Tjeerd Blacquiére et al discovered early last year through their study "Neonicotinoids in bees: a review on concentrations, side-effects and risk assessment ", that these new pesticides not only effectively target unwanted pests but also helpful pollinators. Furthermore, the studied illustrated the grim and extremely negative effects of fifteen years of research on neonicotinoids: there was not only a positive correlation between the presence of the chemicals and lethal effects on honey bees, bumble bees and wild bees, but also data that suggested that the chemicals effected the species in more subtle ways. Colonies suffered more loss overwinter and were physically affected, becoming insufficient in their flight paths and unable to properly navigate (Blacquiére et al). These sublethal effects have become topics of great contention and concern and are often connected to the elusive nature of CCD.
The Smoking Gun
It's that very elusiveness that plagues our world's beekeepers and biologists alike and keeps us asking unanswerable questions. Even in a comprehensive study like Blacquiére's, there's unfathomable unpredictability-with chemicals like the neonicotinoids in every nook of the environment, new and less inhabitable weather patterns and smaller natural habitats, there are certainly always a multitude of factors slowly choking transnationally waning bee populations.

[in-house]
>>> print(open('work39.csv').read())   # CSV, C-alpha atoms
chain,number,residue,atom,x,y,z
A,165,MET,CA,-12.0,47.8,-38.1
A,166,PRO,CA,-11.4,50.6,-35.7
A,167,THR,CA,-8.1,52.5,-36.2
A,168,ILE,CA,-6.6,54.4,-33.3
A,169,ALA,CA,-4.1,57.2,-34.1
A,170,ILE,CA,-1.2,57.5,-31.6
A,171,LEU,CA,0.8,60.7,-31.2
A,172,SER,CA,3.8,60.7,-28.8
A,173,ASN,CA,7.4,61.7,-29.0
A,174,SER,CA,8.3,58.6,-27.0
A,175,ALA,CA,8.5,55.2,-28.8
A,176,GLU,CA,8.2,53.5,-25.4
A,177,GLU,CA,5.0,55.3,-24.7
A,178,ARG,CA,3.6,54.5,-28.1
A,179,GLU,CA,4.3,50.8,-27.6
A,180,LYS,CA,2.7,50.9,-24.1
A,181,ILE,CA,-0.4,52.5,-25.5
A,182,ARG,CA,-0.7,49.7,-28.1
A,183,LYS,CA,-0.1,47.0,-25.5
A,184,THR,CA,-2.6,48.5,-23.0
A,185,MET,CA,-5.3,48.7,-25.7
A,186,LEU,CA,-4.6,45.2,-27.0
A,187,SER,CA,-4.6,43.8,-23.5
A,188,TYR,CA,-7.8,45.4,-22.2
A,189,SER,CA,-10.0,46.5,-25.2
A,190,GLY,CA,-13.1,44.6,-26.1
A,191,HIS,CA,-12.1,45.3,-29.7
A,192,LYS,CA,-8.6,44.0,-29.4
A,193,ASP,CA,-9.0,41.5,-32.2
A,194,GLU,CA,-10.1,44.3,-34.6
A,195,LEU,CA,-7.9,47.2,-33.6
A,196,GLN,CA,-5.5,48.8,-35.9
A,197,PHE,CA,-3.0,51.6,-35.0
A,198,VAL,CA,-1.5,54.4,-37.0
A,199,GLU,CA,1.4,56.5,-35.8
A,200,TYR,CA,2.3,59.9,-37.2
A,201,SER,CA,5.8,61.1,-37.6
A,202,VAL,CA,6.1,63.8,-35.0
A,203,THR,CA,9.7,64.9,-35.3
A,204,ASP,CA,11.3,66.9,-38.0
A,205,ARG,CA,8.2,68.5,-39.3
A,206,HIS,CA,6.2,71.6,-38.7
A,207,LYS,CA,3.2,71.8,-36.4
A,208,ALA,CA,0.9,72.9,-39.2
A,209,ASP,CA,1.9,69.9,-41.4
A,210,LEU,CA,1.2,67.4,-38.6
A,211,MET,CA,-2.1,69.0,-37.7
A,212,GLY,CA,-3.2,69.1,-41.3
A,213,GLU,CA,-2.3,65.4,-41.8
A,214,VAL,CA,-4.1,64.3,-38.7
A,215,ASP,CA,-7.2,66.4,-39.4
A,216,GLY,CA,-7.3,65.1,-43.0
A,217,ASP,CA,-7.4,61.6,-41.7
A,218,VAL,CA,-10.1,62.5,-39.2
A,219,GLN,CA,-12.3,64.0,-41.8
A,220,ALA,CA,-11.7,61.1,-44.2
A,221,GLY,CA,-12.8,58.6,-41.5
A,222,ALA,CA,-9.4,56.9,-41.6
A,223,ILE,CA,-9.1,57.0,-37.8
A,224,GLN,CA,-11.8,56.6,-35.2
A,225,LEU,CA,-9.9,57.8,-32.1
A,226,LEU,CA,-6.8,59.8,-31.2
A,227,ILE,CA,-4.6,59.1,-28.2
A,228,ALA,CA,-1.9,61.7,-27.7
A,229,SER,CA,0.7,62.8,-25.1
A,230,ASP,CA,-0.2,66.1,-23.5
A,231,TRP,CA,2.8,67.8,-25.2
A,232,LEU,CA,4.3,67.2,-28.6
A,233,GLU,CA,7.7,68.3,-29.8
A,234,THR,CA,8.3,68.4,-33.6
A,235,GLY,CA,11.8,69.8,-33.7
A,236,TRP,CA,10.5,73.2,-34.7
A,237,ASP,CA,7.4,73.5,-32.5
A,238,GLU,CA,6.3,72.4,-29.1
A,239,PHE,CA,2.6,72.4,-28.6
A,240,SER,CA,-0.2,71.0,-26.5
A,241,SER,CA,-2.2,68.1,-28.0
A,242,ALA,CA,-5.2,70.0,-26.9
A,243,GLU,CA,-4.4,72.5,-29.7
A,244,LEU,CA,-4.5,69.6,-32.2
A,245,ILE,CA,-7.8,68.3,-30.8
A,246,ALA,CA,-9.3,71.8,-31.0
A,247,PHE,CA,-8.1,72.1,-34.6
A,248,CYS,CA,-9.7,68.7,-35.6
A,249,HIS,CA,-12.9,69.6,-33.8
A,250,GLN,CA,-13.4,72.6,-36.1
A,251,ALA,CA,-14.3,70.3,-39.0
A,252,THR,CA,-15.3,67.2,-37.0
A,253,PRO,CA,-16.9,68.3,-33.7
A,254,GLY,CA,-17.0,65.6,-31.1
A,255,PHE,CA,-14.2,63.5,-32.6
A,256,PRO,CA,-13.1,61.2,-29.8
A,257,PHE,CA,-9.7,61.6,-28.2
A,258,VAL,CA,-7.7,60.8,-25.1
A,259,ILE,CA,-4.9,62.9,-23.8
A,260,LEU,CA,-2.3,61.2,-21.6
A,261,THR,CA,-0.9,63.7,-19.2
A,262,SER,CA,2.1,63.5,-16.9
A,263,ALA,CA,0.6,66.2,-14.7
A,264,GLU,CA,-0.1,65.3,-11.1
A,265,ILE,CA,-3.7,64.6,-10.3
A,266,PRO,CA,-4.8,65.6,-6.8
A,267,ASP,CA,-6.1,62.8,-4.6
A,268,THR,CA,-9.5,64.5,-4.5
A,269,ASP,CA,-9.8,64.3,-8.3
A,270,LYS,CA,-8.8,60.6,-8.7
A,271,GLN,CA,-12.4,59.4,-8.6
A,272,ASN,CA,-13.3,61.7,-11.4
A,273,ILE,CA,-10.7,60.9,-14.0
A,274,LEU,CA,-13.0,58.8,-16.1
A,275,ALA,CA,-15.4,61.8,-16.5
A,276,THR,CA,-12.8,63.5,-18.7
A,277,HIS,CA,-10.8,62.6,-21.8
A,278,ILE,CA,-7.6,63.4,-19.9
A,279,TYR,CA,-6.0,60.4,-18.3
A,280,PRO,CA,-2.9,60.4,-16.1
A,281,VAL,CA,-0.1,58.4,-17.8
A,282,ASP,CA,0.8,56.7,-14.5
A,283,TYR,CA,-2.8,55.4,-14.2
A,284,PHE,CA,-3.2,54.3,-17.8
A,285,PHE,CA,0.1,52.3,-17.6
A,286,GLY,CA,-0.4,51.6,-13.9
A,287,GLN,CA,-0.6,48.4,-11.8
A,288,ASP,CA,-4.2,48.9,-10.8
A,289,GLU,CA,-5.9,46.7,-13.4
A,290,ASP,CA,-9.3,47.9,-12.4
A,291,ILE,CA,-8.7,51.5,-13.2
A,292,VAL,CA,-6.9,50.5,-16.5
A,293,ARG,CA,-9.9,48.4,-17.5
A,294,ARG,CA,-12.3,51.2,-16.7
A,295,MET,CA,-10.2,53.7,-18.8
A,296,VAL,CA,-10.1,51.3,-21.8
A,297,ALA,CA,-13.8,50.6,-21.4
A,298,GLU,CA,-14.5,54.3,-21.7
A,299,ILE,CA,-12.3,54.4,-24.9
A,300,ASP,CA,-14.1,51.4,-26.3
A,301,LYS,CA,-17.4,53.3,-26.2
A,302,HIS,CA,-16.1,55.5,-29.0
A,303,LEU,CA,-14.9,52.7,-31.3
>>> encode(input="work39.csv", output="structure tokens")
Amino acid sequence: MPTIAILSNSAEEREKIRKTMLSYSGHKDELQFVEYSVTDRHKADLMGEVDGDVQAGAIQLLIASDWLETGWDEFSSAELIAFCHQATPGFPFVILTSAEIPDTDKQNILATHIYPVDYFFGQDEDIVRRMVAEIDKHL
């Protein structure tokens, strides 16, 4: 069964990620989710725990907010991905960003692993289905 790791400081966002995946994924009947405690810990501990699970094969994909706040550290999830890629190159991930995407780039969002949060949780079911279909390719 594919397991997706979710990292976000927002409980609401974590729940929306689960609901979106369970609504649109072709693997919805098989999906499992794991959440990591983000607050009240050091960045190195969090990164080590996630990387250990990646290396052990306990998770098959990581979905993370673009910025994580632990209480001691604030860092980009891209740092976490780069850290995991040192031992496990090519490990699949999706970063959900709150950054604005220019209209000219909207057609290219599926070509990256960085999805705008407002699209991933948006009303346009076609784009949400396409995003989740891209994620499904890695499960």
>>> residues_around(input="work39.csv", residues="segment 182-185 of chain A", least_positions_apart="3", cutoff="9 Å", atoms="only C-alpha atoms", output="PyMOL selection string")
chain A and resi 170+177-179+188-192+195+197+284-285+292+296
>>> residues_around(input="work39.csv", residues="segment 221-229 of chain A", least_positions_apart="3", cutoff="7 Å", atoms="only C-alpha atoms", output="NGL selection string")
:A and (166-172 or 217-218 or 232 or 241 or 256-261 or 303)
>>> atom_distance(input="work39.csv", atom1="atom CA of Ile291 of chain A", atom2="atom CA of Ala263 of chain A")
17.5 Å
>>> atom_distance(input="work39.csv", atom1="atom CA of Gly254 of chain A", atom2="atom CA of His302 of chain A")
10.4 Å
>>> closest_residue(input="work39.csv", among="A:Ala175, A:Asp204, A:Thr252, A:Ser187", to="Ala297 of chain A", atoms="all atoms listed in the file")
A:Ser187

"Some combinations can be tolerated by the bees better than others," says Migratory Beekeeper Ryan Lamb. "There are millions of different combinations of variables all with different outcomes. Many of the variables are very hard to detect."
Lamb's stance is entirely feasible, and others have submitted to the seemingly impossible level of diffusion in the hunt for answers; this year, an increased effort has been made to address these difficult, undetectable combinations of chemicals, pests and environmental detriments that have been ailing bee populations for years. Matthias Becher et al, in their literature review titled "Towards a systems approach for understanding honeybee decline: a stocktaking and synthesis of existing models", attempt to compile different assessment models for lost colony recovery and create a set of criteria for specific beekeeping difficulties. As more and more data surrounding the detriments of pesticides and environmental stressors become exposed, efforts like Becher et al's can be assembled to synthesize the disparate factors that constitute bee population loss. With this exposure comes more widespread awareness of the dangers of these detriments and new sets of tools for beekeepers and environmentally aware individuals around the world.
Without being directly involved in the world of beekeeping, we're all reliant on the honey bee species. For me, becoming aware of the beauty in the foliage and vegetation surrounding me is an important step, and knowing the invisible dangers that cover those beauties is imperative. While there is a plethora of ways in which we can attempt to support the prosperity of honey bees and wild bees, the most important step is the first one: become aware, informed, and enlightened.